As early as July 27, 1943, the date of the fall of Mussolini, de Gaulle proclaimed the "interdependence of France and Italy" to be an essential factor for "reason and hope in Europe." On October 7 of the same year, at Ajaccio, when the Fascist troops were crushed in Corsica, he declared that France felt no resentment toward Italy. Today these two nations -- the only western countries represented in the Cominform at Belgrade -- seem to be the two principal objects of Soviet expansion on the Continent. The first step toward the realization of a unified Europe must be a rapprochement between them. This should be accompanied by agreements between France and "Benelux," and, finally, by an agreement with England. Paris is geographically and, more important, politically, the center of the network that embraces The Hague, Brussels, London, and Rome.

An agreement with Great Britain is an essential element in this system. It would be vain to attempt to build a united Europe without first settling the conflicts that periodically beset the Franco-British alliance. General de Gaulle and his friends were too close to England's heroic struggle during the war, they were too intimately associated with the British war effort, they themselves sacrificed too much for this alliance, to be anything but its firmest supporters. Nevertheless, an effective alliance can be built only in an atmosphere of complete understanding. A thoroughgoing settlement of Franco-British affairs must concern itself principally with Germany and the Arab countries.

Now it is a fact that, in the period between the two world wars British policy often seemed to be based on the theory that "the Germans were Englishmen and the French were Germans." The old idea of a European balance of power found expression in the notion that Britain should act as the arbiter between France and Germany, both of which must be contained. Experience has shown how disastrous this philosophy was alike for France, which was invaded and devastated three times within 70 years, and for England, which almost perished during the recent conflict. France, for her part, cannot accept any policy that has as its object to reconstruct a unified and potentially aggressive Germany.

In this connection it is necessary to dispel certain false interpretations and myths current not only in Great Britain but in the United States. The French people as a whole, and sometimes General de Gaulle especially, are represented as determined to impose a "vengeful peace" which would keep Germany permanently prostrate, starved and ruined. Nothing could be further from the truth. When de Gaulle paid a visit as President of the French Government to occupied Germany he was not afraid to declare that the Allies must rebuild Germany -- a statement for which he was sharply criticized by the Communists. We are perfectly well aware that Europe cannot survive with an abscess of poverty and ruins at its very center. We understand that the Continent cannot recover economically without the labor and production of the German masses. But we nevertheless believe that between the economic reconstruction of the former territories of the Reich and the political reconstitution of a Reich there stretches all the distance between a wise peace policy and an extremely dangerous adventure.

For centuries the various German states existed without threatening the peace of Europe. Yet as soon as these states were unified into a Reich under William I and Bismarck, then under William II, and finally under Hitler, the huge political and military machine thus created was irresistibly drawn toward conquest. There are many who say or write that it is fantastic to wish to reconstitute the old German states. Nonetheless, what we know of Bavaria, for example, leads us to believe that the Bavarians are not in the least anxious to see a new Reich created. The same is true of the Rhineland-Palatinate state established in the French zone. In the Saar, the vast majority of the population, with the exception of an insignificant number of Communists, voted -- in full freedom -- for the autonomy of this territory. We believe, therefore, that it is absolutely necessary to let the Germans serve their democratic apprenticeship in a framework of separate states which are in no way united in one Reich and which can be integrated economically into the western European complex. To sum up the French position on Germany: Economic prosperity? Yes. Political unity? No.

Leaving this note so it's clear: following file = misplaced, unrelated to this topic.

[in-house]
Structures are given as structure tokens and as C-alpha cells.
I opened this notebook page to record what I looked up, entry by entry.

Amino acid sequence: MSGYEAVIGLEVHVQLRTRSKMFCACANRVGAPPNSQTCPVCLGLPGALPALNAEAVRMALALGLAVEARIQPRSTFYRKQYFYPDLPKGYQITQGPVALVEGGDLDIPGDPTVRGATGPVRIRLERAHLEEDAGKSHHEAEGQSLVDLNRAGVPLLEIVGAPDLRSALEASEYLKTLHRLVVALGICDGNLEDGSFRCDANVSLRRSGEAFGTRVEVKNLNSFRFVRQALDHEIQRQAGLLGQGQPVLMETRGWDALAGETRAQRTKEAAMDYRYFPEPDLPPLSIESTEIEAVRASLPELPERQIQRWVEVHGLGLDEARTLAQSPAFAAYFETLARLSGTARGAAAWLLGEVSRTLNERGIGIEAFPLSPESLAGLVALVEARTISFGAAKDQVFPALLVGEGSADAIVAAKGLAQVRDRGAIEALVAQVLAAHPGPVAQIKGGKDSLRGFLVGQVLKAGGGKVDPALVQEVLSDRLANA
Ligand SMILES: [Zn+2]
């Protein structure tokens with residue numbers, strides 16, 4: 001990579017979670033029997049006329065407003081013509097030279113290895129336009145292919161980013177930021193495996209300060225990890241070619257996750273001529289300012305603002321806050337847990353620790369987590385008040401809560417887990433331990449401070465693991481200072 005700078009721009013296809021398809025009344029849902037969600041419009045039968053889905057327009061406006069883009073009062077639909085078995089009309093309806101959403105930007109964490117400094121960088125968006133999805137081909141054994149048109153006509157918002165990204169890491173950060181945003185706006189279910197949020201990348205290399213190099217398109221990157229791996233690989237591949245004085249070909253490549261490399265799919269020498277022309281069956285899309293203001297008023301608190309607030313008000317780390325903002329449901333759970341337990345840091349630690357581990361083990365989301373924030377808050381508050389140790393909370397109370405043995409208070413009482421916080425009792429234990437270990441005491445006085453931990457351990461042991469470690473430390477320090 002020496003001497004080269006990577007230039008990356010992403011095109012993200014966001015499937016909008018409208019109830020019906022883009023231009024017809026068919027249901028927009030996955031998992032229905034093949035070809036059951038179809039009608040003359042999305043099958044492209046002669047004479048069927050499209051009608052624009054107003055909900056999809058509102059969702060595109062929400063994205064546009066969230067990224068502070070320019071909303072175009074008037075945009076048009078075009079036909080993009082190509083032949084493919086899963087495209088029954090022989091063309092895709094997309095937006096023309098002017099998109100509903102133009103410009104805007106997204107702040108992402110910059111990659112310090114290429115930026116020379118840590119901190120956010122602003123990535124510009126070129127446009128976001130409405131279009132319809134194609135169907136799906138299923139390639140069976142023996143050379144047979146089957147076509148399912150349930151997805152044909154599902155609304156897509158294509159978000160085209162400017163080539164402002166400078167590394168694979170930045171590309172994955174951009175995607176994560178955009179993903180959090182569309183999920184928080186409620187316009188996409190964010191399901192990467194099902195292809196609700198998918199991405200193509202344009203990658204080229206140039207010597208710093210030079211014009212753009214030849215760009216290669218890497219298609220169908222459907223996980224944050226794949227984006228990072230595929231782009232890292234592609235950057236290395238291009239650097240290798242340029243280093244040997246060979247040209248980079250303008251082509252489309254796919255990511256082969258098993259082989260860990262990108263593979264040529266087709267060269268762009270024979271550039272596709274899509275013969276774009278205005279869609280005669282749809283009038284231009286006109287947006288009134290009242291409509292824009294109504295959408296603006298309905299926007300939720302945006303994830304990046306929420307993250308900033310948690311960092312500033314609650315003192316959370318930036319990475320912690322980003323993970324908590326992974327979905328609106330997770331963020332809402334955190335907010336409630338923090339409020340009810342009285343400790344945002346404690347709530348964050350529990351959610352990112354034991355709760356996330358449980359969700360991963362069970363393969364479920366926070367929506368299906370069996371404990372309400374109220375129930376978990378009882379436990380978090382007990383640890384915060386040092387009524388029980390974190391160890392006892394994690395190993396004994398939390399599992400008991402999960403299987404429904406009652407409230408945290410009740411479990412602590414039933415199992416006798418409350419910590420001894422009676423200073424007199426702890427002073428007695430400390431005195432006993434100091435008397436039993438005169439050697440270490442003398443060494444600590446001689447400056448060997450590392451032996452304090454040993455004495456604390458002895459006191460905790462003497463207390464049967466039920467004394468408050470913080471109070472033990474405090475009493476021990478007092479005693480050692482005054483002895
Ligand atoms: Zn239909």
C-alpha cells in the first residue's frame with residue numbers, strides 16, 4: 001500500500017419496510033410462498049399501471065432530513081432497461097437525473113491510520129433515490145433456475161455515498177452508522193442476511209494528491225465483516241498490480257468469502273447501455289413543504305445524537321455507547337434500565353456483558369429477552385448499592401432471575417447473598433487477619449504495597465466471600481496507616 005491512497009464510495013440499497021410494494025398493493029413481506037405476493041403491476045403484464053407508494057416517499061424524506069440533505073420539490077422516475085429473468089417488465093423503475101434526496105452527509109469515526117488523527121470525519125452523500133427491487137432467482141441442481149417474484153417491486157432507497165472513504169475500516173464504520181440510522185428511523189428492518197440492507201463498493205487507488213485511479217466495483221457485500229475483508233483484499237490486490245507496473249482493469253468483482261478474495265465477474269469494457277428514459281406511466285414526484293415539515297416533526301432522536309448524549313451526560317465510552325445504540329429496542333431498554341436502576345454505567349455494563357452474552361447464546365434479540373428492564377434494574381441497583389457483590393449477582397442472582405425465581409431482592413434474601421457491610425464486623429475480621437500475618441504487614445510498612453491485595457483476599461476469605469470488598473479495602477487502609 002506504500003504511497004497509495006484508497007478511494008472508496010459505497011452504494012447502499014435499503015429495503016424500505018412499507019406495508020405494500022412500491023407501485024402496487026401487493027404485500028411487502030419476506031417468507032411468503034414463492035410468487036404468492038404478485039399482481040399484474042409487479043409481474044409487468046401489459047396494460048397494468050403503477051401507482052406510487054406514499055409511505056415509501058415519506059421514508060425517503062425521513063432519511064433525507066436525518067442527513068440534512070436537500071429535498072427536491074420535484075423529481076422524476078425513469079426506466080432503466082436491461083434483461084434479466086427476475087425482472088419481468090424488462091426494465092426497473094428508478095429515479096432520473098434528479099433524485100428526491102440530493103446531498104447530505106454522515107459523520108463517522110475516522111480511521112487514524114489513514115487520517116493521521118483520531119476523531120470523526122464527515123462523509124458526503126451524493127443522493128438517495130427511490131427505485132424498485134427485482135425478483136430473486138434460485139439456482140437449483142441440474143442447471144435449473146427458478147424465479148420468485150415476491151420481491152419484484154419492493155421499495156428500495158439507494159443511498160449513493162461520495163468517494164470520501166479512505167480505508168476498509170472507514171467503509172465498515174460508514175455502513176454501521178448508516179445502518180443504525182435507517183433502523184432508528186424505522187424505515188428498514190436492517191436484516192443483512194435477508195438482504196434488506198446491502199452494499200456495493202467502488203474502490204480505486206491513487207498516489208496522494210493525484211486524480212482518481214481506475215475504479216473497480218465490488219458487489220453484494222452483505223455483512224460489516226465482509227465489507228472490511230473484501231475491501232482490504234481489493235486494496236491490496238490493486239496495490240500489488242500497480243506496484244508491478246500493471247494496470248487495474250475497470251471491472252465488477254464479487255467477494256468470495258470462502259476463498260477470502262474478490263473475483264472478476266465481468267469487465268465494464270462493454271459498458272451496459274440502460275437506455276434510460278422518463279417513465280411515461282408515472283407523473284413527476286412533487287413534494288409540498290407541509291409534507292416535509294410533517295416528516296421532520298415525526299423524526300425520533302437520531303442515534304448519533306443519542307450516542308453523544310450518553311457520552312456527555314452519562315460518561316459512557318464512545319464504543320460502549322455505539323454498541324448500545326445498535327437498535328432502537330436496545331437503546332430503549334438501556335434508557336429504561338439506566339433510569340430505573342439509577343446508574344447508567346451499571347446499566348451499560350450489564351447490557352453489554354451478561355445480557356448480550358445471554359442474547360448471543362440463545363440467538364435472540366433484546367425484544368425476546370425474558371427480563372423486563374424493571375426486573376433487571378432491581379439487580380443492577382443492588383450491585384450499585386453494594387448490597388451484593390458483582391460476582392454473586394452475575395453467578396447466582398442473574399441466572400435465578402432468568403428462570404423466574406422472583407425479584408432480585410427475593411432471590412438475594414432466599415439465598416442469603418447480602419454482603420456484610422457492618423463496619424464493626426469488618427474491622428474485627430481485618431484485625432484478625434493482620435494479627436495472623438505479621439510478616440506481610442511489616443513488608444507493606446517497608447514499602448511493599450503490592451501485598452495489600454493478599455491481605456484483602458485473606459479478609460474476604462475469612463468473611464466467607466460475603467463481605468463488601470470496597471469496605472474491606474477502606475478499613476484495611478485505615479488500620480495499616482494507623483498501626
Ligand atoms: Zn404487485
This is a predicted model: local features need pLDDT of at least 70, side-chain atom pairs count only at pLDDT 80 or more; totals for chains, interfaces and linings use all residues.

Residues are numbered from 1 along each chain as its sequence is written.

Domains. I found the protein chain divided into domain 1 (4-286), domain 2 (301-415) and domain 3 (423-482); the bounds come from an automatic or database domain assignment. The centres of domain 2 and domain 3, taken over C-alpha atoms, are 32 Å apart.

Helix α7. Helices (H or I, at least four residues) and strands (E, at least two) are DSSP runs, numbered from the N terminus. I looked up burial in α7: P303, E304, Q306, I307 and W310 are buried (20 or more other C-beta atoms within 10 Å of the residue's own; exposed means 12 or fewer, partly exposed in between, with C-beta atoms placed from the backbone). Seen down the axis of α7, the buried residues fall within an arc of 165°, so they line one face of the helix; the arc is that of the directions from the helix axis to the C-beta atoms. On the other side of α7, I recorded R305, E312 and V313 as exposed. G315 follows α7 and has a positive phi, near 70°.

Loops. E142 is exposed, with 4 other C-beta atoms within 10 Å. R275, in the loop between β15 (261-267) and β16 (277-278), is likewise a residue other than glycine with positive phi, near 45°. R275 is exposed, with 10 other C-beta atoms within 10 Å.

Moreover, it must be realized that a policy based on the idea of reconstructing one Germany is now obsolete. Whether we like it or not, Germany has already been divided into two parts. Let us suppose, for the sake of argument, that a German government is constituted in Frankfurt with authority over all the territories now occupied by the western Allies. Such a government would be weak indeed compared with that which the Russians would in all probability constitute in their zone, doubtless with its seat in Berlin. Moscow has too much political realism not to take advantage of all the traditional resources of Prussia: the Prussian army, with marshals like von Paulus, the Prussian Junkers, and the Prussian administration and bureaucracy, ripe for incorporation into a kind of National-Communism based upon mass propaganda. The West-German politicians, Social-Democrats and Christian Socialists, would then embark upon a desperate competition with the Berlin leaders, each group trying to outdo the other in nationalist frenzy, until the "Anschluss" or fusion of the two Germanies was achieved. This would be to the advantage of the Russian Empire, which would then extend from Vladivostok to the Rhine, with Germanism as its vanguard. Perhaps certain Prussian minds have already conceived the hope that they can thus accomplish in defeat the dream which Hitler was unable to realize through conquest.

We consider that the recreated West-German states, each with its own democratic institutions, its own independent existence, and a decent standard of living, would constitute the only real obstacle to such an adventure. In any case they would form a more substantial obstacle than a phantom Reich which could not fail to be irresistibly attracted toward a Sovietized Prussia.

Britain, France and the United States must try to agree together on the rectification, where necessary, of the frontiers of the three zones, the recognition of whatever autonomous states may be constituted within these zones, and the establishment of a régime which will enable these states to function without imposing a ruinous financial burden upon the Allied nations. They should also establish a régime of control over the Ruhr which will prevent it from becoming again the arsenal of a new imperialism, while allowing it to work to the fullest possible capacity for the economic reconstruction of Western Europe.